Overview

The Great Lakes Trade Facilitation Project (GLTFP) is a 5 year regional project implemented by the governments of the Democratic Republic of Congo, the Republic of Rwanda, the Republic of Uganda, and the Common Market for Eastern and Southern Africa (COMESA). The main project objective is to facilitate cross-border trade by increasing the capacity for commerce and reducing the costs faced by traders, especially small-scale and women traders, at targeted locations in the borderlands. Total budget for the project is 26,000,000 USD over a period of 5 years (2016-2020).

The project will support improvements to infrastructure and facilities at priority border posts. The priority border posts have been identified and proposed by the authorities based on traffic volumes, importance to supply chains of goods traded most across the borders, relevance to conflict dynamics in the region and the poor state of infrastructure to support cross- border trade. Selected facilities will be improved based on integrated designs for efficient and secure traffic flows of pedestrian, passenger and commercial vehicle traffic. The designs will seek to improve security of small scale traders, particularly through separate or demarcated lanes for safe passage of pedestrian traffic, lighting and cameras, and providing warehousing so traders can safely store their goods and minimize losses in their supply chains. In addition, support will be provided to redesign access roads in the control zones and to provide parking facilities for vehicles as well as strengthening IT infrastructure and connectivity for customs and other agencies’ management and processing systems (including cross-border connectivity).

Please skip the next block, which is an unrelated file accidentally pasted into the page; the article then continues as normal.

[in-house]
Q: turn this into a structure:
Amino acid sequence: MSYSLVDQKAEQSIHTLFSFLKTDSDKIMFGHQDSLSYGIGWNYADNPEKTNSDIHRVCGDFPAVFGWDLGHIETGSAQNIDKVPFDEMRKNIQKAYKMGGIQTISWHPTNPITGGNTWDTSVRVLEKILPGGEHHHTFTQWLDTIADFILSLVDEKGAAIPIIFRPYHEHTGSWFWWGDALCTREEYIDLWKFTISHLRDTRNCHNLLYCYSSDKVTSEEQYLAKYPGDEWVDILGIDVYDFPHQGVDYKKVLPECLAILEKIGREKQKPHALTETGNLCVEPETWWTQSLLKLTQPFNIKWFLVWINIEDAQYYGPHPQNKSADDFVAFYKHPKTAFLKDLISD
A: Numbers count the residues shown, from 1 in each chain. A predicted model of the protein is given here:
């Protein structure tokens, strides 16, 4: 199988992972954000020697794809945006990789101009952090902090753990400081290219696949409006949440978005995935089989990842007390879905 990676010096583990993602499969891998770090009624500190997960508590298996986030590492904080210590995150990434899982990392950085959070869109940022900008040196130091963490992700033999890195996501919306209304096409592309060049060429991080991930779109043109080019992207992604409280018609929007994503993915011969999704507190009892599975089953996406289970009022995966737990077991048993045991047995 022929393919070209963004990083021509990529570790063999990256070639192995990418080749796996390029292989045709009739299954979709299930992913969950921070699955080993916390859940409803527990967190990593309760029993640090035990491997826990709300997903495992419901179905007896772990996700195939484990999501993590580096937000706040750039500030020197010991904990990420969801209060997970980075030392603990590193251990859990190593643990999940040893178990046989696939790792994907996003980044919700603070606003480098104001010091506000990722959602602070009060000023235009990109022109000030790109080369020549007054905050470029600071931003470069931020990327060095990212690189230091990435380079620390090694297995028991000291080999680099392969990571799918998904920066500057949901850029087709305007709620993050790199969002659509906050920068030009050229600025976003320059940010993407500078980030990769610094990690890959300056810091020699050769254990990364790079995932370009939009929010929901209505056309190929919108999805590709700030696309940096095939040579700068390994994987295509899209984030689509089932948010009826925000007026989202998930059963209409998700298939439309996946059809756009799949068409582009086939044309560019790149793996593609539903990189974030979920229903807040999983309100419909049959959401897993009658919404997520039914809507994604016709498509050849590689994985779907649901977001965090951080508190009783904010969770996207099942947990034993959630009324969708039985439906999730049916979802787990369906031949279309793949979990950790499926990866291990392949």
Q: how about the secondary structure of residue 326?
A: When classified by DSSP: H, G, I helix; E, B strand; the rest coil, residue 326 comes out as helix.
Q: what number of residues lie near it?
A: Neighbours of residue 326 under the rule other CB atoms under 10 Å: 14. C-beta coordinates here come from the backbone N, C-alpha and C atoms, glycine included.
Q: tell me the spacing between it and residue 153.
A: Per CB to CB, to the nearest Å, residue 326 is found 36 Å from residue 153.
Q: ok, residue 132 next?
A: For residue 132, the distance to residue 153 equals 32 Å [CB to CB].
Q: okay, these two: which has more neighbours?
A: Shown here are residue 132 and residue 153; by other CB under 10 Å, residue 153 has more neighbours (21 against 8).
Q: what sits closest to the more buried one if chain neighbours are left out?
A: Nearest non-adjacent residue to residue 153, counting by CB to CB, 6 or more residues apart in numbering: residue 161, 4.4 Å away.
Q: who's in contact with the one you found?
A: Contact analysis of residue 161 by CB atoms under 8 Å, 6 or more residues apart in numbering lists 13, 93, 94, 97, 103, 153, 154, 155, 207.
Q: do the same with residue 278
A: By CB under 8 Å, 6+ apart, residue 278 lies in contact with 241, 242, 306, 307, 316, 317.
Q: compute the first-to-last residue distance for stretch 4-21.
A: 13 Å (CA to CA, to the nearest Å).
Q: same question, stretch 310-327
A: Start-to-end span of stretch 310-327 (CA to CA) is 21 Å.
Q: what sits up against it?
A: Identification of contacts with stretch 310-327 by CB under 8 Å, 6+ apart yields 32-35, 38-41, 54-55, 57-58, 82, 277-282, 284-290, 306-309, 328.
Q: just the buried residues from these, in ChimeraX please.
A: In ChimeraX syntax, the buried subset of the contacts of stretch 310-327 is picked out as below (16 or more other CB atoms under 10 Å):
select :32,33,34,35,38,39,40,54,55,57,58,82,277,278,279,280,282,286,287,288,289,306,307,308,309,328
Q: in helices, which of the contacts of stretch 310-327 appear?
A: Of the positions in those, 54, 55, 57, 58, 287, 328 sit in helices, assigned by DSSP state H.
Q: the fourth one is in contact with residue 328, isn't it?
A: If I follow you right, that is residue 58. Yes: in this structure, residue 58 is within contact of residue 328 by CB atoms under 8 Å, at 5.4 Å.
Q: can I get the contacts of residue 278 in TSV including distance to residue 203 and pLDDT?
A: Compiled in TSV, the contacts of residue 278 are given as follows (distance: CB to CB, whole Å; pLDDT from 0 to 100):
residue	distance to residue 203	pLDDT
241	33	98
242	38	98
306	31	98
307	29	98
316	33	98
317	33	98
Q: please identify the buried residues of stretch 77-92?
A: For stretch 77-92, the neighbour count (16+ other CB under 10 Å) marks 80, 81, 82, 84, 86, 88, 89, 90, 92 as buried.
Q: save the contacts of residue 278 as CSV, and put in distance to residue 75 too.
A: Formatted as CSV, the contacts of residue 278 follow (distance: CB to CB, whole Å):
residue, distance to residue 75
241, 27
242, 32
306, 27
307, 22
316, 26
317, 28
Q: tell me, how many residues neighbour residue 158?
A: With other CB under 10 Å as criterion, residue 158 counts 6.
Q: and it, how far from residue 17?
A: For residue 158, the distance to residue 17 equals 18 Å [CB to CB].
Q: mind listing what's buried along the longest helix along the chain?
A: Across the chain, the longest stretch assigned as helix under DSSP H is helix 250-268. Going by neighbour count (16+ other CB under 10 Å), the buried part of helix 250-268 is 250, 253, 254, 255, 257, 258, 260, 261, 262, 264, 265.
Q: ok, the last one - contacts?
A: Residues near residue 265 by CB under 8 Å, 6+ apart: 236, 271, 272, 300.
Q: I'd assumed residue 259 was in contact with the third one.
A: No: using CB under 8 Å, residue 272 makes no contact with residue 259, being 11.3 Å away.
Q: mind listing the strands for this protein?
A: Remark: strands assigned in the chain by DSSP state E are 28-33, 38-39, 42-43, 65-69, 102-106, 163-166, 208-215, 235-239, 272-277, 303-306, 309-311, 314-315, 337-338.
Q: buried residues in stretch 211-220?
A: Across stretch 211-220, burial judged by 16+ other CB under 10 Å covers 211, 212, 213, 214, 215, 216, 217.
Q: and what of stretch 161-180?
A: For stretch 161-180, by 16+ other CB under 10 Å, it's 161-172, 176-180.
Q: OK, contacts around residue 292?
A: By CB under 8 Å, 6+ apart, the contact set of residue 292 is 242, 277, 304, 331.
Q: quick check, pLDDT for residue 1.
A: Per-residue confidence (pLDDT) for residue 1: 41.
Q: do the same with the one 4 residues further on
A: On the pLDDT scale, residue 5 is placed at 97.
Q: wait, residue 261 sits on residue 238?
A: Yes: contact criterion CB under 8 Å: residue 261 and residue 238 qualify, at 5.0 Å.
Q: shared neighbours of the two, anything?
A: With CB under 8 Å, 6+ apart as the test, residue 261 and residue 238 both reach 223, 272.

Project beneficiaries will primarily be cross border traders, especially women, air travelers and vulnerable families in borderland areas. Key national project stakeholders and beneficiary institutions include: Ministry of Trade, and Industry (MINICOM); Rwanda Civil Aviation Authority; Rwanda Transport Development Agency; Local Administrative Entities Development Agency; Rwanda Revenue Authority and Directorate-General of Immigration and Emigration.

 

 

Project component

Progress / Impact

1

Improvement of border post infrastructure at Rusizi-1

The Consultant has finalized a feasibility study and a formal validation took place on January 11-12 2018. Tender for works is in the offing.

Upon completion, this border infrastructure will enhance cross border trade traffic flow and security, movement towards coordinated one stop border, improved revenue collection, improved border transport infrastructure and facilities, reduced travel time and cost, improved drainage in and around the border posts, enhanced public health of the communities, and generally improved environment for people to live and work.

2

Establishment of Border Markets

The feasibility studies for Nyamasheke District had completed and validated. The next phase is the launch of constructions works slated to take place by June 2018. These cross border markets will enhance exports due to increased border market infrastructure, increase incomes and employment opportunities for border communities including the disadvantaged groups.

Cross-border trade will facilitate agricultural trade and increase resilience and social cohesion. Trade facilitation will enable agricultural producers to sell their produce more easily and speedily; improve access to critical inputs into production; reduce the prices of consumer goods and services, and increase real incomes.